The European Medicines Agency will release adverse reaction reports

The European Ombudsman has welcomed the announcement of the European Medicines Agency (EMA) accepting to release documents about adverse reactions related to a drug used to treat acne. This announcement follows the recommendations made in the framework of one of the Ombudsman's inquiry.

In April 2008, an Irish citizen asked the European Medicines Agency (EMA) for the release of reports concerning suspected adverse reactions to one drug, because his son had committed suicide after taking it. The European Medicines Agency, which approves and monitors medicines placed on the EU market with a view to protecting public health, initially refused access arguing that EU transparency rules do not apply to adverse reaction reports.

Following his investigation into the Irish citizen's complaint, the European Ombudsman concluded that EU rules on access to documents apply to all documents held by EMA and he, therefore, recommended that EMA review its refusal. He also suggested that, as part of a proactive information policy, EMA could provide additional clarifications to make it easier for the public to understand such data and their significance.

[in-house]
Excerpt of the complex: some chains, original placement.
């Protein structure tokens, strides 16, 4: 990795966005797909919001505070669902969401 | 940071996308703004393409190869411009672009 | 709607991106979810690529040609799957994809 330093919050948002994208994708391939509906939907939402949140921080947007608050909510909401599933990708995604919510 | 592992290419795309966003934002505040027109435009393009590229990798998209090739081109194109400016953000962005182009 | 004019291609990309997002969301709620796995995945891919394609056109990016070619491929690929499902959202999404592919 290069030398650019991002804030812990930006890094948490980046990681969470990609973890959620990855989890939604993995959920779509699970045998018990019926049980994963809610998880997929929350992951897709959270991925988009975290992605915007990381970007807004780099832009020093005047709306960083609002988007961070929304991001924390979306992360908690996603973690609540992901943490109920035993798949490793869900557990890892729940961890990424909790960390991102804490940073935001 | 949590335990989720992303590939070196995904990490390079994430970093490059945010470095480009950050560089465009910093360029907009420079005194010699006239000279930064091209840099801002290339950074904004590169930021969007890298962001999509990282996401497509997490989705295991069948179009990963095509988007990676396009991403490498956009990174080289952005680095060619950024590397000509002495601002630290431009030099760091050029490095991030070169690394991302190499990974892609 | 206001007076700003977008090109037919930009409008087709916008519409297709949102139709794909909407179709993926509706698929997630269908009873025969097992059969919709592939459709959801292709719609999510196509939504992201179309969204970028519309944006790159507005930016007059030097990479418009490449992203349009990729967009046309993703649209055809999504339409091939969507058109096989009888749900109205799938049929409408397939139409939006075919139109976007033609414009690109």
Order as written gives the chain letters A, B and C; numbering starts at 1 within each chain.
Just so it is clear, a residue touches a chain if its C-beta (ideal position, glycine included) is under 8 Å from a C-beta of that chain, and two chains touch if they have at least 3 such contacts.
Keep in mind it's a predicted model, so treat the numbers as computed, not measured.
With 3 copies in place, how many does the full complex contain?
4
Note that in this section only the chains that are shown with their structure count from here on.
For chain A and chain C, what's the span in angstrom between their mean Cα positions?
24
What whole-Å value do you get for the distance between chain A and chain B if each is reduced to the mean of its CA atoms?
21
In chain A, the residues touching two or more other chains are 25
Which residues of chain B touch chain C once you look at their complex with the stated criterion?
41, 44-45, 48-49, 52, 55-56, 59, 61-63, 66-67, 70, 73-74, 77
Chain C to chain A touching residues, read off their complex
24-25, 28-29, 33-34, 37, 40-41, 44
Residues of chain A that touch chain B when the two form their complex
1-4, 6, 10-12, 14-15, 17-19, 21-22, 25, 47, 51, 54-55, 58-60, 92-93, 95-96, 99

EMA accepted the Ombudsman's recommendation to give access to the documents by announcing the release of the adverse reaction reports.

Transparency in the European Union and access to public information

Nearly two decades ago, in the Treaty of Maastricht, the European Union recognised that transparency (or openness) helps to build and maintain public trust in the institutions and strengthens their democratic nature. Subsequent developments include the recognition of public access to documents as a fundamental right of Union citizenship, guaranteed by the Charter of Fundamental Rights and by the Treaty on the Functioning of the Union. This right empowers citizens to monitor and scrutinise effectively the exercise of the powers vested in the institutions.

There are two ways of putting the principle of transparency into effect in relation to public access to documents and information. The first is to react to requests for access. The second is to be proactive in putting material into the public domain. The reactive and proactive approaches are complementary and reinforce each other. They are not alternatives, except in the sense that it is unnecessary to request access to something that is already in the public domain.